The 82nd Airborne Division during World War II
As Allied troops moved across Europe in a series of offensives against Nazi Germany, they found tens of thousands of concentration camp prisoners in deplorable conditions. Malnutrition and disease were rampant, and corpses lay unburied. The soldiers reacted in shock and disbelief to the evidence of Nazi atrocities. In addition to burying the dead, the Allied forces attempted to help and comfort the survivors with food, clothing and medical assistance.
82nd Airborne Division Campaigns during World War II
The 82nd Airborne Division began its illustrious military career as an infantry division during World War I. Formed in May 1918, it saw service in France several months later.
In March 1942, the "All American" was reactivated for service and later that year was redesignated as an airborne division. In May 1943, the unit was sent to North Africa to prepare for the invasion of Italy. In July, the 82nd was dropped into Sicily and fought its way up the Italian peninsula to Naples by early October. On D-Day (June 6, 1944), the date when the Allies launched their massive invasion of western Europe, the "All American" was dropped behind enemy lines into Normandy, France. In September, the unit parachuted into the Netherlands, and, two months later, was redeployed to thwart the German offensive during the Battle of the Bulge. In February 1945, the division advanced into Germany, crossing the Elbe River before the war ended.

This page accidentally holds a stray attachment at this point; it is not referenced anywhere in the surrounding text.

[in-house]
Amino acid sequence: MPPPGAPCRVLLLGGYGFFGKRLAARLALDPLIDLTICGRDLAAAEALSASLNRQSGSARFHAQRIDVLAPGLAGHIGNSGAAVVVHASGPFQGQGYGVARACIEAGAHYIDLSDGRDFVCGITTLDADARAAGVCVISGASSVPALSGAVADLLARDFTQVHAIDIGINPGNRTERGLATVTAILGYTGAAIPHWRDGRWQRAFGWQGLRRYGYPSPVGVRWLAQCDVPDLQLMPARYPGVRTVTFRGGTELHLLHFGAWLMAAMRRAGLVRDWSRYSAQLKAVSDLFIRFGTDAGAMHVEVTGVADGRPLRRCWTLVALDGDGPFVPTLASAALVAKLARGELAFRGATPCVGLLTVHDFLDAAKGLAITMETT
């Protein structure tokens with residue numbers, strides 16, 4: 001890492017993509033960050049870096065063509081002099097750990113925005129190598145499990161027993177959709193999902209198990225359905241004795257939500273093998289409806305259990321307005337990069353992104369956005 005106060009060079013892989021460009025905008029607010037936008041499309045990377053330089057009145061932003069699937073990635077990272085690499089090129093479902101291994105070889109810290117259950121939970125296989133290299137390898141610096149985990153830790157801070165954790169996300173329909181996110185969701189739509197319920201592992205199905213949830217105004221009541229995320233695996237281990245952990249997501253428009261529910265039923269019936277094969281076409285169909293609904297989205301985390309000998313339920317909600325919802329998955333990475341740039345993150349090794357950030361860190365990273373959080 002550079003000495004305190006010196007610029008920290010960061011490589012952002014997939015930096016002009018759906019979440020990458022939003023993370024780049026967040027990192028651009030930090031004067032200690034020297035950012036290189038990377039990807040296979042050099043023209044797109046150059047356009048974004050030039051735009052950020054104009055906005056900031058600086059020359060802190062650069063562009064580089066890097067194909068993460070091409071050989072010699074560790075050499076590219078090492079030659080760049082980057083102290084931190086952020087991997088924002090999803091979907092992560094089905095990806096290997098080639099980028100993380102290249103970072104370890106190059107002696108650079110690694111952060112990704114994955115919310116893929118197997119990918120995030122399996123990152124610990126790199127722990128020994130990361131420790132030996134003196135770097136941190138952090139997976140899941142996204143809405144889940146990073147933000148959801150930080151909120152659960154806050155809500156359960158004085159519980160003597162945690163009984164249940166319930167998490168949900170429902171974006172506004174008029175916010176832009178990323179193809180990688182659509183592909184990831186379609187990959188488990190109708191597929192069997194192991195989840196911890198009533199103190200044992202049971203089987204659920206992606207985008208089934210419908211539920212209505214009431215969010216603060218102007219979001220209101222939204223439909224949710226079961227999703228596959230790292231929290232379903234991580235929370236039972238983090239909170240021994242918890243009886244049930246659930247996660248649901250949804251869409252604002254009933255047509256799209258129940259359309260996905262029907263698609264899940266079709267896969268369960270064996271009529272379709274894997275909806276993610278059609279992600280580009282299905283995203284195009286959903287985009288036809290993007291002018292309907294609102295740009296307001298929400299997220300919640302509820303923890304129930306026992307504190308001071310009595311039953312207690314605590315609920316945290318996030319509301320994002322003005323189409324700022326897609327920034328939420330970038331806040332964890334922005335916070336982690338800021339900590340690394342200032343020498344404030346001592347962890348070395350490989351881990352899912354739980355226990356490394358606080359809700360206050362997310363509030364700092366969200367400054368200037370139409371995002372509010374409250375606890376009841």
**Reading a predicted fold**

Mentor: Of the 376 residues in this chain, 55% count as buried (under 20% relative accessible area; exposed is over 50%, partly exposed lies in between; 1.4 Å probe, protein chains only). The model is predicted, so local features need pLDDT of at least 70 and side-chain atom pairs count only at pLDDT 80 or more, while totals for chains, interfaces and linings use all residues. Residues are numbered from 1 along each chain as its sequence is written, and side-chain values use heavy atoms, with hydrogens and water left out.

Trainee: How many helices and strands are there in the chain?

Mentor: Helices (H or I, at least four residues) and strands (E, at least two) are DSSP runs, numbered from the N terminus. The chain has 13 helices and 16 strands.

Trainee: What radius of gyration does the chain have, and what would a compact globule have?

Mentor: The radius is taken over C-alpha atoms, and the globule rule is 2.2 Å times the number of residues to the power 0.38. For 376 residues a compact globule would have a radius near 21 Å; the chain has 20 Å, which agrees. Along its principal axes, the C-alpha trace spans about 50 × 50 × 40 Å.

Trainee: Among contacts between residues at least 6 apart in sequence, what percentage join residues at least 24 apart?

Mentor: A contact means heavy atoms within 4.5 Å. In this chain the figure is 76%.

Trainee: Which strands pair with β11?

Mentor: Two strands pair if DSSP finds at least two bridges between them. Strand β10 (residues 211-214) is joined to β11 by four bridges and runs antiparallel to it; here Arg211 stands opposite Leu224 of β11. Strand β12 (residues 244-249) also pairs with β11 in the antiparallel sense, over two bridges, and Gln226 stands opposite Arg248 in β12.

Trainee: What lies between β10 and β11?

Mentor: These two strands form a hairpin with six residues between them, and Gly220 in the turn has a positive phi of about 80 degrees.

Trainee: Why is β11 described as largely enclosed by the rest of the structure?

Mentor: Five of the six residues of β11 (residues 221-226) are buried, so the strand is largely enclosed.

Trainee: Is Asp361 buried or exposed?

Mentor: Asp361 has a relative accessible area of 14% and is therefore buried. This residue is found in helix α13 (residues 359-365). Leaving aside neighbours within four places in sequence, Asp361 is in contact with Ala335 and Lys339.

The 82nd Airborne Division and the Liberation of Wöbbelin
On May 2, 1945, the 82nd Airborne Division overran Wöbbelin, a subcamp of the Neuengamme concentration camp. At its height, Wöbbelin held some 5,000 inmates, many of whom were suffering from starvation and disease. Living conditions in the camp when the 8th Infantry and the 82nd Airborne arrived were deplorable. When the divisions arrived there, they found about one thousand inmates dead in the camp. In the aftermath, the US Army ordered the townspeople in Ludwigslust to visit the camp and bury the dead.
In accordance with a policy mandated by General Dwight D. Eisenhower, the US Army in Ludwigslust ordered "all atrocity victims to be buried in a public place." Crosses were to be placed at the graves of Christians and Stars of David at the graves of Jews, along with a stone monument to memorialize the dead.
On May 7, 1945, the 82nd Airborne Division conducted funeral services for 200 inmates in the town of Ludwigslust. Attending the ceremony were citizens of Ludwigslust, captured German officers, and several hundred members of the airborne division.
Recognition as a Liberating Unit
The 82nd Airborne Division was recognized as a liberating unit by the US Army's Center of Military History and the United States Holocaust Memorial Museum in 1991.
82nd Airborne Casualty Figures
Casualty figures for the 82nd Airborne Division, European theater of operations:
- Total battle casualties: 6,993
- Total deaths in battle: 1,509
82nd Airborne Division Nickname
The nickname for the 82nd Airborne Division originated in World War I, signifying the "All American" composition of its members. The troops who formed the division came from diverse areas of the United States.
Critical Thinking Questions
- What challenges did Allied forces face when they encountered the camps and sites of other atrocities?
- What challenges faced survivors of the Holocaust upon liberation?